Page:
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The significant criterion for the suitability of an application is whether it has the potential to engage students' interests and stimulate their mathematical thinking. 38) Mathematical problems can serve as a source of motivation for students if the problems engage students' interests and aspirations.Mathematical problems also can serve as sources of meaning and understanding if the problems stimulate students' thinking.Teaching and learning are complex activities that depend upon evolving and rarely articulated interrelationships among teachers, students, materials, and ideas.
Integration of academic and vocational education, he argues, can serve the dual goals of "grounding academic standards in the realistic context of workplace requirements and introducing a broader view of the potential usefulness of academic skills even for entry level workers." Noting the importance and utility of mathematics for jobs in science, health, and business, Jean Taylor argues for continued emphasis in high school of topics such as algebra, estimation, and trigonometry.
She suggests that workplace and everyday problems can be useful ways of teaching these ideas for students.
Studies that show superior performance of students in problem-centered classrooms are not limited to high schools.
Wood and Sellers (1996), for example, found similar results with second and third graders.
His essay opens with a dialogue among employees of a company that intends to expand its business into Japan, and then goes on to point out many of the uses of mathematics, data collection, analysis, and non-mathematical judgment that are required in making such business decisions.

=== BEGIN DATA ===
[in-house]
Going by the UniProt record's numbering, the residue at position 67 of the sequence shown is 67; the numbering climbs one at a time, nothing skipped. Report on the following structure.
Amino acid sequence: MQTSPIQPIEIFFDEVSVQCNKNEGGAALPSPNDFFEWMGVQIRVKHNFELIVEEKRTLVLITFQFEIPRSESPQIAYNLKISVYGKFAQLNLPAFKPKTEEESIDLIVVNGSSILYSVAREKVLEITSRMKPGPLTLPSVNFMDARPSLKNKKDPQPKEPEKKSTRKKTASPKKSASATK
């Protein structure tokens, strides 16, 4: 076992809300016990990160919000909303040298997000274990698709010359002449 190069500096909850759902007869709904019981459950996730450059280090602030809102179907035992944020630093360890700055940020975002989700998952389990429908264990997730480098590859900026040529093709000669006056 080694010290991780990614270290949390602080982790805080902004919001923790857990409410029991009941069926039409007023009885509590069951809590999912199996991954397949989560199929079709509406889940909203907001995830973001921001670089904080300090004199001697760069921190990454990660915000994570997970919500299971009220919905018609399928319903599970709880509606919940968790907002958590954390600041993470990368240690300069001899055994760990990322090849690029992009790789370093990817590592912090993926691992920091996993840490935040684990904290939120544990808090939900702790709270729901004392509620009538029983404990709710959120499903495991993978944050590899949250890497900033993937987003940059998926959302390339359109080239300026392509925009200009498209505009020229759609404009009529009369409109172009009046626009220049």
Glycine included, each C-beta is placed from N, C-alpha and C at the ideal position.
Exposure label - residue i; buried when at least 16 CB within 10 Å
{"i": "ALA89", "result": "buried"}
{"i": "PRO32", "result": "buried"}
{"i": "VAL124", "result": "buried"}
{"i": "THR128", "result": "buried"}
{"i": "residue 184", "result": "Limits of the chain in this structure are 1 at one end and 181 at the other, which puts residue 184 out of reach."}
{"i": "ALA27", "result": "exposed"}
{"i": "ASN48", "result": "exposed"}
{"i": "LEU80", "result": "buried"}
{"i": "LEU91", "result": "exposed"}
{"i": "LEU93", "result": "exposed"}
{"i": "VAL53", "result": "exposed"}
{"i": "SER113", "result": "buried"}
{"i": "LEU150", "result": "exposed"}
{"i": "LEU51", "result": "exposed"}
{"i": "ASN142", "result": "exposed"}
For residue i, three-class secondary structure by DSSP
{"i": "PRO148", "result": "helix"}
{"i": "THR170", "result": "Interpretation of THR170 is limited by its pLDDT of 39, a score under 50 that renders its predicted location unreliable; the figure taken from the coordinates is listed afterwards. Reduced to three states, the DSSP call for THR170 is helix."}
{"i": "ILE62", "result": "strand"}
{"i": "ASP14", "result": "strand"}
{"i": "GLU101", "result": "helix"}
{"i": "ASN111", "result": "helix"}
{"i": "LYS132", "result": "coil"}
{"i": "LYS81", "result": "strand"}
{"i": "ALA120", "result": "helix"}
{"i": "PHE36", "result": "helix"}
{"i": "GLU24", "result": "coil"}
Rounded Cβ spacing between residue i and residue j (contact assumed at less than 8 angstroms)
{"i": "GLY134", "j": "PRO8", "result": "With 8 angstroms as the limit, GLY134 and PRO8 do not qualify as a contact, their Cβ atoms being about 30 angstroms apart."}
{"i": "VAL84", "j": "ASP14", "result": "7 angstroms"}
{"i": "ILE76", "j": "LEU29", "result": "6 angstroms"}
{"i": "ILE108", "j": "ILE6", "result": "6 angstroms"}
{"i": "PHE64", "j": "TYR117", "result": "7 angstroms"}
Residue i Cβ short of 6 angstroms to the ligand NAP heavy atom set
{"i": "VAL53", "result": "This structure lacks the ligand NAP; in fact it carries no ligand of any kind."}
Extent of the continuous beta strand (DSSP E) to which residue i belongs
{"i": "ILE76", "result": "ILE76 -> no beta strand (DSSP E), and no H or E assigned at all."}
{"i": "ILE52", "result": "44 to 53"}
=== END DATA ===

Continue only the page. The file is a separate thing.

In his essay, Thomas Bailey suggests that vocational and academic education both might benefit from integration, and cites several trends to support this suggestion: change and uncertainty in the workplace, an increased need for workers to understand the conceptual foundations of key academic subjects, and a trend in pedagogy toward collaborative, open-ended projects.There are too many different kinds of workplaces to represent even most of them in the classrooms.Furthermore, solving mathematics problems from some workplace contexts requires more contextual knowledge than is reasonable when the goal is to learn mathematics.The question, then, is how to exploit opportunities for connections between high school mathematics and the workplace and everyday life.Rol Fessenden shows by example the importance of mathematics in business, specifically in making marketing decisions.In the opening essay, Dale Parnell argues that traditional teaching has been missing opportunities for connections: between subject-matter and context, between academic and vocational education, between school and life, between knowledge and application, and between subject-matter disciplines.He suggests that teaching must change if more students are to learn mathematics.This volume may be beneficially seen as a rearticulation and elaboration of a principle put forward in Students need to experience mathematical ideas in the context in which they naturally arise—from simple counting and measurement to applications in business and science.Calculators and computers make it possible now to introduce realistic applications throughout the curriculum.Contexts from within mathematics also can be powerful sites for the development of mathematical understanding, as professional and amateur mathematicians will attest.There are many good sources of compelling problems from within mathematics, and a broad mathematics education will include experience with problems from contexts both within and outside mathematics.